At that time, Belle, who has extensive experience in aquaculture in the United States and abroad, was working in Norway. “Like Maine today,” he says, “the coastal communities were facing tremendous economic challenges. The North Sea herring fishery had collapsed and sheep farmers, the other principle industry, were being outdone by sheep farmers in New Zealand.” He says the Norwegian government, looking at the success of aquaculture in Asian countries and at two pioneer fish farms in Norway, decided fin fish aquaculture would be a good option to diversify the economic base of coastal towns.

The Norwegian government funded training for young people (who had been leaving the coast for work elsewhere), set up demonstration commercial farms, and provided financing for trainees to start their own small farms. “The people who went through that program are now the owners of very successful aquaculture companies in Norway and others based in Norway and investing in other countries,” Belle says.

“Our program is very modest by comparison,” he adds, “but when I first pitched the idea to Mike Rubino of NOAA a year ago, his reaction was ‘What a great idea. I’ve never heard of anything like that. Let’s see if we can find a way to help you financially do that.’”  Expenses for the Cod Academy will be paid by the grant from NOAA. Beginning in late March, it will require weekly classroom sessions on all aspects of cod aquaculture, including the biology of cod, applying for a lease, farm management, environmental monitoring and hands-on training with early stages of cod culture at the UMaine aquaculture center. (Underlines are mine)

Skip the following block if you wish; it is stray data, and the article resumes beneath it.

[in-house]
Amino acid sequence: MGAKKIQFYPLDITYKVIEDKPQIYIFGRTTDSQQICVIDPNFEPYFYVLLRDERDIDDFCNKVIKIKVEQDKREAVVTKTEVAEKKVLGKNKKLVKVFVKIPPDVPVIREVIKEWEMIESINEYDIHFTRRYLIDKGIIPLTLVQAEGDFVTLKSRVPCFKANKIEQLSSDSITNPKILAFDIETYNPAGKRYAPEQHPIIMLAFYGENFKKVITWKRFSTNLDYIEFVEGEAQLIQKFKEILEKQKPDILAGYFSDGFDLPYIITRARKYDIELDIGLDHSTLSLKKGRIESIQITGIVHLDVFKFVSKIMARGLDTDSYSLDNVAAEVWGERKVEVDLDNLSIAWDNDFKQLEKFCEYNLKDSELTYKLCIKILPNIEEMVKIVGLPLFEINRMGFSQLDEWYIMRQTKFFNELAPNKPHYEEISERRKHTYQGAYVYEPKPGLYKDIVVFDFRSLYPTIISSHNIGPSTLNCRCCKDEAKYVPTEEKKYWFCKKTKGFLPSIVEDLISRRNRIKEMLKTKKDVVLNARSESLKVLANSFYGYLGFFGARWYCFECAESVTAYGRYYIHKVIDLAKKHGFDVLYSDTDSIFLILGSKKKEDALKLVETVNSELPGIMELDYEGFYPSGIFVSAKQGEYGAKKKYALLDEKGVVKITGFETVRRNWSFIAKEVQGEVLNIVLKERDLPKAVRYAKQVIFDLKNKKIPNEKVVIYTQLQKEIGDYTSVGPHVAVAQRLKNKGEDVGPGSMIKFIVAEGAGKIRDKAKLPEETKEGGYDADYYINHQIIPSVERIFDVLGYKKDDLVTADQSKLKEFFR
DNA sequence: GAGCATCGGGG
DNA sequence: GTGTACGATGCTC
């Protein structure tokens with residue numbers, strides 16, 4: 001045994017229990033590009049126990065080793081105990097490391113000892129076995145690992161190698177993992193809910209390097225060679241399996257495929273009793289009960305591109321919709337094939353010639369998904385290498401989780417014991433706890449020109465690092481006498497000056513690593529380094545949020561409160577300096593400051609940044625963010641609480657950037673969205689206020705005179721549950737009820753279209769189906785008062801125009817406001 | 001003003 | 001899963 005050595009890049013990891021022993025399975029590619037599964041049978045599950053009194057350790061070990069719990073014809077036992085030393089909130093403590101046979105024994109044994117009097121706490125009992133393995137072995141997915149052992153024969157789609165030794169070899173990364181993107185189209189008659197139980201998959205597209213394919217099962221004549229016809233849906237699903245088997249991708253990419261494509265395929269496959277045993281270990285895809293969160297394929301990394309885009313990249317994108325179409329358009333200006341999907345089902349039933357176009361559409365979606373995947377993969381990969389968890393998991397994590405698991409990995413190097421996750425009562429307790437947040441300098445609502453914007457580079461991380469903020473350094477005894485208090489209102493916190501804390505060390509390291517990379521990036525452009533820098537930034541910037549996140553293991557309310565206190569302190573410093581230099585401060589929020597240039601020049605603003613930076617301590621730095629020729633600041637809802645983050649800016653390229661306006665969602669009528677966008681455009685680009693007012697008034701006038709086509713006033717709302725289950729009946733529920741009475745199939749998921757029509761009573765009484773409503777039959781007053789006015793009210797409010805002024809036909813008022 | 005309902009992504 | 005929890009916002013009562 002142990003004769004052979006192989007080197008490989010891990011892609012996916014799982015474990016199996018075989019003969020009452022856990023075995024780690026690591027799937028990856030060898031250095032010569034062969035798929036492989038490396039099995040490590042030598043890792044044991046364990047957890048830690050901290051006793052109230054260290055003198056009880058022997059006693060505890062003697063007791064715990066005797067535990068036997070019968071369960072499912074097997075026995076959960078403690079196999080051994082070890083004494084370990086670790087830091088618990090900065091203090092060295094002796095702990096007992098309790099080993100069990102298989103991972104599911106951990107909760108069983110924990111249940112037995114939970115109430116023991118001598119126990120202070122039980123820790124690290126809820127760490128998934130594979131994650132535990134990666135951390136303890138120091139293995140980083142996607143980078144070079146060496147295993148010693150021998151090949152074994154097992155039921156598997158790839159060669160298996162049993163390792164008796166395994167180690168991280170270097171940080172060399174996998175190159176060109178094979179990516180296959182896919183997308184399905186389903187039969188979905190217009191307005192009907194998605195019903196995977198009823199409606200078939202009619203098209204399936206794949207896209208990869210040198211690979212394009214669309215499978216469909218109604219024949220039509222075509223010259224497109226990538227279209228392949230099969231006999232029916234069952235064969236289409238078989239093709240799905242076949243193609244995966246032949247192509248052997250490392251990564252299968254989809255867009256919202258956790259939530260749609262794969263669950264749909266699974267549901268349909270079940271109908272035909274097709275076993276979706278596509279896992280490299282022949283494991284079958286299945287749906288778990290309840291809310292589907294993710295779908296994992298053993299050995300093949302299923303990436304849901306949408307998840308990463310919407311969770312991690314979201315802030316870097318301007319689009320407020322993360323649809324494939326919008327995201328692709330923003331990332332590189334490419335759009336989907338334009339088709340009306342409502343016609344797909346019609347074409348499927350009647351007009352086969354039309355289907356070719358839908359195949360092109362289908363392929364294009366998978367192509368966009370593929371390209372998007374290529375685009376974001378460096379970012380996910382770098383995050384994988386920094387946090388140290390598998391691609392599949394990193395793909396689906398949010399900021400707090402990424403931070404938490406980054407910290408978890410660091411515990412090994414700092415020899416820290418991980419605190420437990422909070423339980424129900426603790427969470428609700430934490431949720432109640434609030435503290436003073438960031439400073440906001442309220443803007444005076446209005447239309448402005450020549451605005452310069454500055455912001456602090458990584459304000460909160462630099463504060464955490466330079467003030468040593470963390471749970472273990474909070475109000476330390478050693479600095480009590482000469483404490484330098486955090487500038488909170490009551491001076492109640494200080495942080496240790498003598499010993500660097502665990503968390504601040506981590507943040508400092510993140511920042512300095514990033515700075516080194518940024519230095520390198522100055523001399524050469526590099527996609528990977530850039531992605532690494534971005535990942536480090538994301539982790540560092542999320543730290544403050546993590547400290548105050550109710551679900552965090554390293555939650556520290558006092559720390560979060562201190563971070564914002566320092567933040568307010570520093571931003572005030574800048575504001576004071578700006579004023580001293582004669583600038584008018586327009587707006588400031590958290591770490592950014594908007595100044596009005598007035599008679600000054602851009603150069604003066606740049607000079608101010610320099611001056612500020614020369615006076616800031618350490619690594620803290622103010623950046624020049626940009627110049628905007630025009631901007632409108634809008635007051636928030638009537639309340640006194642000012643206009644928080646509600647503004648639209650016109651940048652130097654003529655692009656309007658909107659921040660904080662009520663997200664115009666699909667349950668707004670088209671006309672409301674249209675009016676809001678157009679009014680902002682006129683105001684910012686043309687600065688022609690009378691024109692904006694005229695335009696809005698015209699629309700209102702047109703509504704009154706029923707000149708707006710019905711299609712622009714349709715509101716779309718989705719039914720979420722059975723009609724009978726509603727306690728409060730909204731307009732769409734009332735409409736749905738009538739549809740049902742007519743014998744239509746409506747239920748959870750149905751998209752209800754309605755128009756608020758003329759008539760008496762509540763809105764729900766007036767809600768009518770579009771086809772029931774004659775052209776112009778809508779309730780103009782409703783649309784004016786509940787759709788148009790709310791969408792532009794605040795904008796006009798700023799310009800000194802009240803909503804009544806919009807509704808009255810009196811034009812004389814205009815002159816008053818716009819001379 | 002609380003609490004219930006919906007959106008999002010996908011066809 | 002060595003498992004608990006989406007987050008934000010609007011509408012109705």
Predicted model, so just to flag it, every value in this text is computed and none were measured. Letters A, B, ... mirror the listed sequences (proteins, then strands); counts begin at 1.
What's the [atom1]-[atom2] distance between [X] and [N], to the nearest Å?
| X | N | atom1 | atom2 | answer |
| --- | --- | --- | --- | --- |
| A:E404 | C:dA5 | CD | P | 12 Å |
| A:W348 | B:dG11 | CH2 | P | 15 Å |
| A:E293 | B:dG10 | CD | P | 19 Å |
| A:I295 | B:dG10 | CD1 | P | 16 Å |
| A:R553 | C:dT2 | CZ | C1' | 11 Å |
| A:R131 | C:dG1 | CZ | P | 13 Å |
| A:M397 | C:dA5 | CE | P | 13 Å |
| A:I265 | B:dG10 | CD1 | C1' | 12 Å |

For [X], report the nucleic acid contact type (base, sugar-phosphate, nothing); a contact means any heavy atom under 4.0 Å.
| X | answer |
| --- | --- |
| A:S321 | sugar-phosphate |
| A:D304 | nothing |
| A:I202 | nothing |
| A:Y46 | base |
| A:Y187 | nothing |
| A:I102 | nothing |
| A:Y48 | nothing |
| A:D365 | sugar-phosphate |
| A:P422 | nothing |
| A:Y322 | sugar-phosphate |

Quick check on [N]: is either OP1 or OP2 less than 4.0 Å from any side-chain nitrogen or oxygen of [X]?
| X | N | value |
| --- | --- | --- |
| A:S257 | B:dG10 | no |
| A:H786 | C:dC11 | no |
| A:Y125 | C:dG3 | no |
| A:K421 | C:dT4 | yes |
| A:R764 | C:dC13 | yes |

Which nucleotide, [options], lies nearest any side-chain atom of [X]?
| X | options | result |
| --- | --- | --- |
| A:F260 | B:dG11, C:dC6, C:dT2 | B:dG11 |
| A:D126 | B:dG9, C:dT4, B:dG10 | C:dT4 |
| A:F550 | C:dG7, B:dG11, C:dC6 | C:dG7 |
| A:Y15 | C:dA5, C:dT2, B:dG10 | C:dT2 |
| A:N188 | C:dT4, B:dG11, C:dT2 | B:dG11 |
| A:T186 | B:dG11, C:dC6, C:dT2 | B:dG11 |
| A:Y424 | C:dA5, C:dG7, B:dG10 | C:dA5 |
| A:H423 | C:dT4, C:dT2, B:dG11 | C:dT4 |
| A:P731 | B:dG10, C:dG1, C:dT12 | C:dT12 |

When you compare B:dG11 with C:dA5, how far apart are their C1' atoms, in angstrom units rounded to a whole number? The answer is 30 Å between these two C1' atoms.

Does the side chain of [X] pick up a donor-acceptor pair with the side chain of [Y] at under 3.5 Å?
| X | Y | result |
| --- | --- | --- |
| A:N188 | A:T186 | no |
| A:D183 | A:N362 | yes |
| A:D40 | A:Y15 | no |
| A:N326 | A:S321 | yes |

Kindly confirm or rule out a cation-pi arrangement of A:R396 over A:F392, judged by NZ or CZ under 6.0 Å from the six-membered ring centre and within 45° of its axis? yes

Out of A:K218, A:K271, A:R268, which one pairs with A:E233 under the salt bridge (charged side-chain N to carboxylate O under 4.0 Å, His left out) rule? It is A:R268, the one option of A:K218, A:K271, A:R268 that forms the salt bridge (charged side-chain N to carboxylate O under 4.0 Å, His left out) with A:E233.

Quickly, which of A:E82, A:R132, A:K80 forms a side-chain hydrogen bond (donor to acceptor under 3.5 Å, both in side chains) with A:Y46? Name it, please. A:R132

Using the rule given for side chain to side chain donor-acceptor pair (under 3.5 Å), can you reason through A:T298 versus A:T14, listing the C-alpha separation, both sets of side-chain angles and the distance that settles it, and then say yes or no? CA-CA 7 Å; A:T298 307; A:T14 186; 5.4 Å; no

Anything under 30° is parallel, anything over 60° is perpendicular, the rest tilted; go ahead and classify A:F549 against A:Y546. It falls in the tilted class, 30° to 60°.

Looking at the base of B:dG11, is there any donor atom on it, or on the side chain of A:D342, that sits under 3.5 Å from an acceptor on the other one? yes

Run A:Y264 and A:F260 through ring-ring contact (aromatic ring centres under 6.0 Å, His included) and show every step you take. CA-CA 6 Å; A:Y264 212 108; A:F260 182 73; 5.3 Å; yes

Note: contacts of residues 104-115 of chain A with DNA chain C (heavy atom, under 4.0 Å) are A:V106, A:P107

Clearly, NOAA’s National Marine Fisheries “Service” is devoting a great deal of money and energy to promoting Aquaculture; while our “wild caught” fisheries wither and die.  However, when fishermen confront NOAA’s scientists regarding their admittedly inadequate stock surveys, the response is “Well there just isn’t the funding available for more thorough research.”

Here’s more evidence of Marine Fisheries “Service” from our Commerce Department and NOAA.

All 18 Vietnamese pangasius fillet exporters to the US have been exempted from anti-dumping taxes, announced the US Department of Commerce.”  Undercurrent News September 10, 2012

 And the results of the above policies are as follows:

 “Imports of pangasius and tilapia to the US are up year-on-year, according to figures from the national oceanic and atmospheric administration (NOAA).

10,654 metric tons of pangasius (labeled catfish in the NOAA tables) were imported in August 2012, compared to 8,255 metric tons the previous August, a 29% increase.

Tilapia imports to the US in August 2011 were 11,400 metric tons, which increased by 46% to 16,669 metric tons in August 2012.”Undercurrent News October 16, 2012

 And as for the Commerce Department’s policies effect on our Cod market:

“US imports of fresh whole cod from Iceland doubled in 2012 compared to 2011 volumes, while imports of Icelandic fresh fillets were up by 274%”.Undercurrent News December 14, 2012

 With National Marine Fisheries“Services” and friends like this…

Who Needs Enemies?